Operating Status

A Rutgers expert discusses why immigrants are especially vulnerable during the pandemic

During the COVID-19 pandemic, undocumented immigrants face challenges obtaining resources and health care services needed to stay safe

Karen D’Alonzo, an associate professor at Rutgers School of Nursing and director of the Center for Community Health Partnerships, which works to bridge health disparities in Mexican-American neighborhoods in New Brunswick, says working in unprotected environments, language barriers and the fear of deportation puts immigrants at an even greater risk of getting sick. D’Alonzo discusses the challenges that immigrants face in daily living and staying well:

What unique challenges do undocumented immigrants face during the pandemic?
Many undocumented immigrants work in service industry positions with little or no job security. These employees have either lost their jobs due to the pandemic — undocumented immigrants do not qualify for unemployment benefits — or continue to work without significant protection, exposing themselves, and by extension their families, to people who may be COVID-positive. They frequently have no advocate in their job that will tell them what steps to take to protect them. Immigrants are less likely to own a car to drive to work and must therefore rely on public transportation, which also increases their risk of exposure to the virus.

Just getting tested for COVID can be an ordeal. At drive-in locations, people are asked to produce a social security number or have a state-issued ID to qualify for free testing. Many undocumented persons lack both of these official forms of identification.

In addition, Type 2 diabetes and hypertension are very common among immigrant Mexicans, often beginning in young adulthood. Such individuals are more likely to develop COVID-19 complications requiring hospitalization and suffer from more health conditions and risk of death.

What challenges does this population face in accessing resources or seeking help?
To start, most of the online education materials are written in English and are geared for people with greater resources. For example, in describing the care for a COVID-positive person in a household, most educational materials recommend that infected people be confined to a separate bedroom. In poor immigrant communities, it is common for several families to live together in very close quarters, making the chance of transmitting the virus much greater. To combat this, we created an infographic in Spanish on how families can “quarantine” COVID-positive people in these types of living arrangements.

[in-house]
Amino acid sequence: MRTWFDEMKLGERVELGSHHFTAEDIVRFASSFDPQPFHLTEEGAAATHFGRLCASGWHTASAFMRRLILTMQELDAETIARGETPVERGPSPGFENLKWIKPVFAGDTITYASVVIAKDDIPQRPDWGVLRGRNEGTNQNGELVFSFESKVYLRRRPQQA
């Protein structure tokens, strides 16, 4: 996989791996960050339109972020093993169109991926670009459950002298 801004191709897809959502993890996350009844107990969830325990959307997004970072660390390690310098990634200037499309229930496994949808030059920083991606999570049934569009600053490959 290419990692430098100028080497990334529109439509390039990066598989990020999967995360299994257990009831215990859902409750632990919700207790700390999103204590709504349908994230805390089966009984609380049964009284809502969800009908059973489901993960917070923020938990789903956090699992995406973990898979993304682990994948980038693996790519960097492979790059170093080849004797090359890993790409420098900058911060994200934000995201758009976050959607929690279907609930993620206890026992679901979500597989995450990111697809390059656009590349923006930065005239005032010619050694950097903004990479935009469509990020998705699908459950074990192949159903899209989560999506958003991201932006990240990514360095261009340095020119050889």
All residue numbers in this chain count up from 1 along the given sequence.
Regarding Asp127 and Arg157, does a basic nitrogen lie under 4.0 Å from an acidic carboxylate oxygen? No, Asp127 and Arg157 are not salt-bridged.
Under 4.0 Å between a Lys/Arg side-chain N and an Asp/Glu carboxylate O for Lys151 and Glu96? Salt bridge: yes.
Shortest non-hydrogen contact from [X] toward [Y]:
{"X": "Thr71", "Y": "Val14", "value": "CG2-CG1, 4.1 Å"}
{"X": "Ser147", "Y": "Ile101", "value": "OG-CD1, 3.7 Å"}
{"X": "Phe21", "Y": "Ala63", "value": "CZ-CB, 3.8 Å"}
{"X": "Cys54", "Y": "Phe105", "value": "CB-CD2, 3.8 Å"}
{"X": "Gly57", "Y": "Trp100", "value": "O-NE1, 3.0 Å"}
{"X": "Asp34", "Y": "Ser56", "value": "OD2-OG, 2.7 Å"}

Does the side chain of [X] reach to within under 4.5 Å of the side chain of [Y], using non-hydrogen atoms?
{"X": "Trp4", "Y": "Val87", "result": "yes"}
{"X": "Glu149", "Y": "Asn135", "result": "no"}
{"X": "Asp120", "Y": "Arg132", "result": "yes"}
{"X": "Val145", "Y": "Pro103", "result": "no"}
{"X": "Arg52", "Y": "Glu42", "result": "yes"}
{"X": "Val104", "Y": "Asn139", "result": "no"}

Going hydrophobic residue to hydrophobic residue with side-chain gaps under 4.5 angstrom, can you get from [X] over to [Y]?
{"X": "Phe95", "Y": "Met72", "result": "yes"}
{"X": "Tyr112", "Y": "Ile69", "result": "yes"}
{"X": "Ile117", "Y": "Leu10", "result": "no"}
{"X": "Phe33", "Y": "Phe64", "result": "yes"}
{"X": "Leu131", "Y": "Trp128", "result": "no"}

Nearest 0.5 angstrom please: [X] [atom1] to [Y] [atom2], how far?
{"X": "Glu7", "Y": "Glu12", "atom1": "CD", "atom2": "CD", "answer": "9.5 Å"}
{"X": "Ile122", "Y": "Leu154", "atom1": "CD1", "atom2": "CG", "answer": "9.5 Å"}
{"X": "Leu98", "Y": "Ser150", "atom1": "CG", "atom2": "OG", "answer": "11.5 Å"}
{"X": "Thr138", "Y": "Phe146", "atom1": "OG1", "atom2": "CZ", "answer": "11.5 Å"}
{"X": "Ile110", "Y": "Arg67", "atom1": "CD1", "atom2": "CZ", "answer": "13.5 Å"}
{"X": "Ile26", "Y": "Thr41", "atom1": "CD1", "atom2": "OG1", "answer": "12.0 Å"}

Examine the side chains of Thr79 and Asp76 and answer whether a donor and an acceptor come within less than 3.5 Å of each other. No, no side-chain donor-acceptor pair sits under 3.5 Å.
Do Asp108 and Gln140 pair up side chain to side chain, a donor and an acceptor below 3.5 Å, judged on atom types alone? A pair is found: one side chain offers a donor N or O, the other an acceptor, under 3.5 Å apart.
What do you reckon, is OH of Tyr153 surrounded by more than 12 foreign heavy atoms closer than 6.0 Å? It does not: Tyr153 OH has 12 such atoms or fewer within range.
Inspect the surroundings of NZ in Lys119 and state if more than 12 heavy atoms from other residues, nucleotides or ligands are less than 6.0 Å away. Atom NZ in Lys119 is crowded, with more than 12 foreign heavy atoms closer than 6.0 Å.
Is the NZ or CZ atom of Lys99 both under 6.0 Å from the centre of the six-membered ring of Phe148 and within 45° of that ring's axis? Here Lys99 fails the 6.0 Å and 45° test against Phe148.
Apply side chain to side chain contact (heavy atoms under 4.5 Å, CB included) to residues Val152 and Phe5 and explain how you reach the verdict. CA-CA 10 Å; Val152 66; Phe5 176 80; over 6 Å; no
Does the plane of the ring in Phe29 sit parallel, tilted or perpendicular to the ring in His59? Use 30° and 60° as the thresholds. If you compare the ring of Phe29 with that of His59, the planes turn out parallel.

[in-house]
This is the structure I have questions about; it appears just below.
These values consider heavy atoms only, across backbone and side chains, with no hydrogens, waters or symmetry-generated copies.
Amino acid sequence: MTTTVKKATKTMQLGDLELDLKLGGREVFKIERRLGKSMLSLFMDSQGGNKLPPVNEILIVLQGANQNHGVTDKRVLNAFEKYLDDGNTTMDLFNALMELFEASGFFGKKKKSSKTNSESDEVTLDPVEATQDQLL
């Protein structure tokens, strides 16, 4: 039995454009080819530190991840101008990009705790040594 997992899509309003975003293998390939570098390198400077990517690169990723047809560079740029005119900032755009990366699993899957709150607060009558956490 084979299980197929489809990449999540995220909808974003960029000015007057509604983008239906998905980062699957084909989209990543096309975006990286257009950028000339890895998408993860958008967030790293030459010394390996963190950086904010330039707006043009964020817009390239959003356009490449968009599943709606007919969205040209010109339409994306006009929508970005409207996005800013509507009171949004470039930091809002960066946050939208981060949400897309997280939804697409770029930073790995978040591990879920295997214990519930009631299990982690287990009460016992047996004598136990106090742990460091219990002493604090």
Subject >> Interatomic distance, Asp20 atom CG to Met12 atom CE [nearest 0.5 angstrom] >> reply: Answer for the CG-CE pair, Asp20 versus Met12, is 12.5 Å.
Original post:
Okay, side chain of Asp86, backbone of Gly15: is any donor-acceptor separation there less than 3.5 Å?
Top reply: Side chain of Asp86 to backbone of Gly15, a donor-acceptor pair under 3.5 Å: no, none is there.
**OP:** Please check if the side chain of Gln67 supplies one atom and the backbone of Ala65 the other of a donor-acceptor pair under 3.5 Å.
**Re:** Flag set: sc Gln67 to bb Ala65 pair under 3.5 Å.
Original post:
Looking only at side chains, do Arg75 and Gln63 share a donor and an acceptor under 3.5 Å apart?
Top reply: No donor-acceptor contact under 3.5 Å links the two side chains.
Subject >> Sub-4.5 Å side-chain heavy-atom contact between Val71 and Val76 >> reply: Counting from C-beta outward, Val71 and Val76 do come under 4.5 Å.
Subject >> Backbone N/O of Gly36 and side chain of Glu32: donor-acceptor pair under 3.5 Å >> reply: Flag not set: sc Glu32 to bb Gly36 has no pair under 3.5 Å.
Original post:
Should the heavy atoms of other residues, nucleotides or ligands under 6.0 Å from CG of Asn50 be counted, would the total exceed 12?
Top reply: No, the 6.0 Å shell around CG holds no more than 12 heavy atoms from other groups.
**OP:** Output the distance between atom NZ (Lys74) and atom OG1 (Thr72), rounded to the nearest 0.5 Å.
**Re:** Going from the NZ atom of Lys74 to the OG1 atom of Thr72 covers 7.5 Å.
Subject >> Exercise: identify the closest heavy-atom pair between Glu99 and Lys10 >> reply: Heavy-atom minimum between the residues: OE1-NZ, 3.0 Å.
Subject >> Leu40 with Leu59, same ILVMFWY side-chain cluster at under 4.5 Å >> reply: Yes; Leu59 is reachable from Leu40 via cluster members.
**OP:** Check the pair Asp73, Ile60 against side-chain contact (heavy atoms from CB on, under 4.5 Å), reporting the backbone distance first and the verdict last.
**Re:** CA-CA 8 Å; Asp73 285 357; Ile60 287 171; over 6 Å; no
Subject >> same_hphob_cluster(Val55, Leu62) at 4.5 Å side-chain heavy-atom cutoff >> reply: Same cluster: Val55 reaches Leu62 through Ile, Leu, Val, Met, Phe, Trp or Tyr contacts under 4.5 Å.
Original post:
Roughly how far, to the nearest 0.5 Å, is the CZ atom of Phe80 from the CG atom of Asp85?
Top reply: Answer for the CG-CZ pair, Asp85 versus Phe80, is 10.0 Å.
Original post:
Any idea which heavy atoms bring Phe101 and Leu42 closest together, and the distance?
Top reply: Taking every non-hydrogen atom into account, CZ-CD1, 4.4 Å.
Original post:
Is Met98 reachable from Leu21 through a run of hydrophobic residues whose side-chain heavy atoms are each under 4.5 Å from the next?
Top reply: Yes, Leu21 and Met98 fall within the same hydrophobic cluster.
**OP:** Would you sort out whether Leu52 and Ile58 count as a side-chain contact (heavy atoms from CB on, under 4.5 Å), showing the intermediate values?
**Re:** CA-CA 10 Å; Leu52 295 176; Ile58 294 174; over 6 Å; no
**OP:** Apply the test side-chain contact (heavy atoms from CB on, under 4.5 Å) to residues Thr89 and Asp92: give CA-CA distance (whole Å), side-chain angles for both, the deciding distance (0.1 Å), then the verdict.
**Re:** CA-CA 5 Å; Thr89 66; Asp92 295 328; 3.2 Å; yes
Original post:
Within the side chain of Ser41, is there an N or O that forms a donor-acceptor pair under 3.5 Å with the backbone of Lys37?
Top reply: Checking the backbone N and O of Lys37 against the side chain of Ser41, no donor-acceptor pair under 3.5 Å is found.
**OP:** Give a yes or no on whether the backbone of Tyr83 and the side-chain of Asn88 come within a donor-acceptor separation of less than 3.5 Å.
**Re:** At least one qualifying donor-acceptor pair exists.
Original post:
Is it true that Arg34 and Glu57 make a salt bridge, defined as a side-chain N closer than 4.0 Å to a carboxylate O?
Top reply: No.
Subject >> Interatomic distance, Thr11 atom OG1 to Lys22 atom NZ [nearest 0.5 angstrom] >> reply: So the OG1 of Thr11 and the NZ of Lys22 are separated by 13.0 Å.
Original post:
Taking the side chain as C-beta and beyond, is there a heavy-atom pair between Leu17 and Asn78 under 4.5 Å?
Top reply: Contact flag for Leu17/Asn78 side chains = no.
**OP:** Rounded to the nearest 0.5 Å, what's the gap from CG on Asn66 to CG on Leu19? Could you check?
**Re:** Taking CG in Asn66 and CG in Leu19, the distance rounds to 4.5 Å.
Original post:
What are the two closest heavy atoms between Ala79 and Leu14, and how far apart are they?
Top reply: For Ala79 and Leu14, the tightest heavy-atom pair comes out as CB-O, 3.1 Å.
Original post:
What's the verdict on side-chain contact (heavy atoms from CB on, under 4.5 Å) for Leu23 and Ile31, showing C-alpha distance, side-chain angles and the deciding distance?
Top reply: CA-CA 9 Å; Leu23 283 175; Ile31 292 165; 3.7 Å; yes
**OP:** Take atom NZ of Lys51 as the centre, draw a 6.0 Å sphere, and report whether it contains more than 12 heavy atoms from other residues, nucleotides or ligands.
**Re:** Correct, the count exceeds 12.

People who primarily speak Spanish may have a difficult time describing their symptoms to English-speaking health care providers, either in person or via telehealth. Other members of the immigrant community communicate primarily in indigenous languages. In general, immigrants with health care concerns are likely to be far sicker than we think due to delays in accessing the health care system.

How has health care for this population been impacted?
Many immigrant people are puzzled as to why they cannot be treated in a doctor’s office, clinic or emergency department. While these restrictions are in place to protect health care providers, they often view these restrictions as discriminatory or punitive. It takes some time to explain that hospitals are being used to treat only the sickest COVID patients and the remainder of those infected will likely recover with supportive care at home.

Also, low-income people are not accustomed to the use of telehealth to screen potentially infected patients at community health centers and see it as a form of abandonment or a way to keep them from using the clinic due to their undocumented status. I tell these people that the COVID diagnostic and treatment process is new for all of us and assure them that if they become acutely ill and need hospitalization, it will be available for them.

It is ironic that there are an estimated 29,000 health care workers in the United States working on the front lines who are enrolled in the Deferred Action for Childhood Arrivals (DACA) program. Many of these young health care workers are the children of “mixed-status families,” where one or more of their family members are undocumented. These “dreamers” could lose their work permits if the U.S. Supreme Court ends this program that protects them from deportation.

What additional anxieties do undocumented immigrants face?  
A fear of deportation is a huge issue for many reasons. Unemployed immigrants are not likely to use resources — like the Supplemental Nutrition Assistance Program, Medicaid and housing vouchers — for fear of being labeled as a person primarily dependent upon governmental assistance, which would make them vulnerable to being denied residency or green card status per federal policy. They are less likely to seek assistance, such as asking their landlord for additional time to pay their rent, for fear of being identified and deported. They also are suspicious about claims that Immigration and Customs Enforcement will limit enforcement during the coronavirus outbreak, especially near health care facilities.